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Tuesday, October 8, 2013

Maureen Dowd, "Call an Audible, Dan": "What's in a name?" Actually, Quite a Bit

"What's in a name? That which we call a rose
By any other name would smell as sweet."

- Juliet, "Romeo and Juliet"

Well, Shakespeare's Juliet was wrong. Names are indeed capable of spurring racial prejudice and intolerance.

Perhaps unbeknownst to many Americans, a heated debate is raging on the other side of the pond over the use of the word "Yid" during Tottenham Spur football matches. As observed by Richard Ferrer in an article in The Independent entitled "Tottenham fans: Why get rid of Yid?" (

"Last week the Football Association warned fans that chanting the word 'Yid' could result in a criminal conviction.

Cue inevitable objections from Spurs’ self-styled 'Yid Army', condoning in a stadium what they couldn’t on the street – dressing prejudice up in a lilywhite kit and calling it camaraderie.

. . . .

Such stubborn stupidity goads opposing fans who need little excuse to lower themselves to the depths of racist abuse. Note Chelsea’s Yid-inspired version of 'Spurs Are One Their Way To Wembley': 'Spurs are on their way to Auschwitz, Sieg Heil, Hitler’s going to gas them again.'

A glance at Google reveals a litany of Yid-inspired abuse. West Ham fans sung Hitler’s name and made hissing noises – mimicking the gassing of Jews in the Holocaust – during a match at White Hart Lane last November.

The same month, Leeds fans took to Twitter to brand Tottenham player Adam Smith 'a f****** diving Yid slag'.

In December, Huddersfield Town fan Gareth Smith found guilty of making a Hitler salute during match with local rivals Leeds United."

So much for English etiquette.

Meanwhile, as noted by Maureen Dowd in her latest New York Times op-ed entitled "Call an Audible, Dan" (, a debate is raging over changing the name of the Washington Redskins. Dowd concludes her opinion piece by referring to the change of names of another professional sports team in Washington:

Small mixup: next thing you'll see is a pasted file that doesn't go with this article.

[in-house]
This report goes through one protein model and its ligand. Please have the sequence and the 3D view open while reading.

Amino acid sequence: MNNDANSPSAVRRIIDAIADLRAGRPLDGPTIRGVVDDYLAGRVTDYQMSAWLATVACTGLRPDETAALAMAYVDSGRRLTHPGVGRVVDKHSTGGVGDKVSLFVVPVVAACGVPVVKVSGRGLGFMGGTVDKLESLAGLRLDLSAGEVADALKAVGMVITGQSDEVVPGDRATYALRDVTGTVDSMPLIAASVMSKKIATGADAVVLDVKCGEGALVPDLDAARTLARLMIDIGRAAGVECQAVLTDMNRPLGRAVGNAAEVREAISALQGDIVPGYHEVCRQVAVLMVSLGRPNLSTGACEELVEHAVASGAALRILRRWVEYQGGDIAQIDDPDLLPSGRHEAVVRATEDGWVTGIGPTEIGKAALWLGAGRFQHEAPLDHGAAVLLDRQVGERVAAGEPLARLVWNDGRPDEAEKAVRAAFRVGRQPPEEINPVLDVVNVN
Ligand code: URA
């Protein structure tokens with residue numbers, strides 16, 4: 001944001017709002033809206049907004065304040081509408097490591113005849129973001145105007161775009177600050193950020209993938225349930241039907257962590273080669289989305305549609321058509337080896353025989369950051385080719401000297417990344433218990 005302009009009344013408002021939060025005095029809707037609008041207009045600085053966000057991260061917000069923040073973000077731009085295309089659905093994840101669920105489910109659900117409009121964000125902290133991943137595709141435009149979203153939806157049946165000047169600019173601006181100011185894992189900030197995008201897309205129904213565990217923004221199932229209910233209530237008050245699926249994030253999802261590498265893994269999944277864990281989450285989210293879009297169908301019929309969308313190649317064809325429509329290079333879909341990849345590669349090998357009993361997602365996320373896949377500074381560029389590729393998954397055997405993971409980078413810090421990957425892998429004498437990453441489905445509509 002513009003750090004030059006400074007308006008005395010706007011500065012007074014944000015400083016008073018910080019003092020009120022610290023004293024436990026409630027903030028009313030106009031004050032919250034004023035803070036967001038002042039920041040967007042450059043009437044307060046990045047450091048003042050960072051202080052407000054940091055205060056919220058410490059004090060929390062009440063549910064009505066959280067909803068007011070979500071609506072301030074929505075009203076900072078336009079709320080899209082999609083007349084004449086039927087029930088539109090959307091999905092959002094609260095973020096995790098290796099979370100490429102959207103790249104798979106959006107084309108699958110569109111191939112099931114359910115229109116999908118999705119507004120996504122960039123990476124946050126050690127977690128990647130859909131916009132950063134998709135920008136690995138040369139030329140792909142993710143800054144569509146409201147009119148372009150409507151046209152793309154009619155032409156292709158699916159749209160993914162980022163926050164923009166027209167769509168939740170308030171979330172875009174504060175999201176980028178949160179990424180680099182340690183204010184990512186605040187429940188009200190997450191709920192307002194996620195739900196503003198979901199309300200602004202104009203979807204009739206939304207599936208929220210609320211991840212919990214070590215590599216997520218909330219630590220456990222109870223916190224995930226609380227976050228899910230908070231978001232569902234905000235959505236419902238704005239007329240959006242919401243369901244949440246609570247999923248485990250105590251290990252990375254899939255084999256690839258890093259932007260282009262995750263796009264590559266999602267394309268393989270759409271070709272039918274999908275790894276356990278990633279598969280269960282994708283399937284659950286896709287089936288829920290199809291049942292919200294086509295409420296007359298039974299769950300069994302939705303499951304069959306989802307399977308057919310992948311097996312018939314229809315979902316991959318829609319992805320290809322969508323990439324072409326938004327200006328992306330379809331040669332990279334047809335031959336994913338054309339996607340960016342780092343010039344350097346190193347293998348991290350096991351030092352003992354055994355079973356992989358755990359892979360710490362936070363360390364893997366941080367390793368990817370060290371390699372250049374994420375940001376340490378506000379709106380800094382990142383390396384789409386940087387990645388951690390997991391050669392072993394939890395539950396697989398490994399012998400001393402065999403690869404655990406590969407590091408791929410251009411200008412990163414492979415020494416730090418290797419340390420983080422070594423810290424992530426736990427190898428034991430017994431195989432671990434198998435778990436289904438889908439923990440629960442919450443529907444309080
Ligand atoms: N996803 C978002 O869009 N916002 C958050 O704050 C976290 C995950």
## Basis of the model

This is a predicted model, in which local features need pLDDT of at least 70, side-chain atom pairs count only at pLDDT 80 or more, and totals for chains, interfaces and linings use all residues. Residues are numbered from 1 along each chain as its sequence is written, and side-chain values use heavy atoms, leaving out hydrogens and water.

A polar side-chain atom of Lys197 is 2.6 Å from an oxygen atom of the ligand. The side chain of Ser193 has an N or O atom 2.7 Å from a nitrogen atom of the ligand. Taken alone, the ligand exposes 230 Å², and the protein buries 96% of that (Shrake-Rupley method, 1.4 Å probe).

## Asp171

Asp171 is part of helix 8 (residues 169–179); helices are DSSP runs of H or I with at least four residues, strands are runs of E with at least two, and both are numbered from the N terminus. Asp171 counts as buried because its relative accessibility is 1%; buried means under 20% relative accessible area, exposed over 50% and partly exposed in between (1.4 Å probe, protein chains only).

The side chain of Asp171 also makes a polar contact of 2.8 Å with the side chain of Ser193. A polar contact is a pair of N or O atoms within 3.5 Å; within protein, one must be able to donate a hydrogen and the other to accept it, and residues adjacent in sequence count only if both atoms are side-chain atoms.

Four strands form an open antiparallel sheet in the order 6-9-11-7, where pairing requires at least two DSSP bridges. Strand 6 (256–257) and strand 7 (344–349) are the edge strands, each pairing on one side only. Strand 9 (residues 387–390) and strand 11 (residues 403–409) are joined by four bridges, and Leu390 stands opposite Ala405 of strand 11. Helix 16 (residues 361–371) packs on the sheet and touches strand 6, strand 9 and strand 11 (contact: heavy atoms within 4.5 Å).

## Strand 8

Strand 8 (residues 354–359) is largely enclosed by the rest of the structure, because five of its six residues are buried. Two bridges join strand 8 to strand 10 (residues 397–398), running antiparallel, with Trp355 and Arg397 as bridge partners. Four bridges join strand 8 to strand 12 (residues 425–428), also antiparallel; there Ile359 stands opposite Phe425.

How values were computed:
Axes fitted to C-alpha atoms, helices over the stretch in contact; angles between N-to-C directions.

"Asked whether he would ever switch the Washington Wizards back to the Bullets, team owner Ted Leonsis was noncommital. The late Abe Pollin, the previous team owner, dropped the name Bullets in 1997 as a message against gun violence, saying it was in honor of his friend Yitzhak Rabin, assassinated with a pistol.

'My father was righteous, maybe even self-righteous,' my friend Bob Pollin, Abe’s son who is an economics professor, told me. 'He had a moral motive for doing this. Now some find the name Wizards wimpy. They think Bullets is cooler, as in Navy SEALs shoot bullets. But I take great pride in my father having done it.'

Snyder should change the Redskins name, he said, as 'an act of courage and a civic contribution.'

All you have to do is watch a Western. The term 'redskin' is never a compliment."

Dowd is right: Can you imagine walking up to an American Indian on the street and calling him/her a "redskin"? He/she would be sure to take offense. There is no place for any such appellation involving skin color. And if using the term "redskin" would be offensive on the street, there is certainly no place for it in a sports stadium, on a sports network, or on the sports page of a newspaper.

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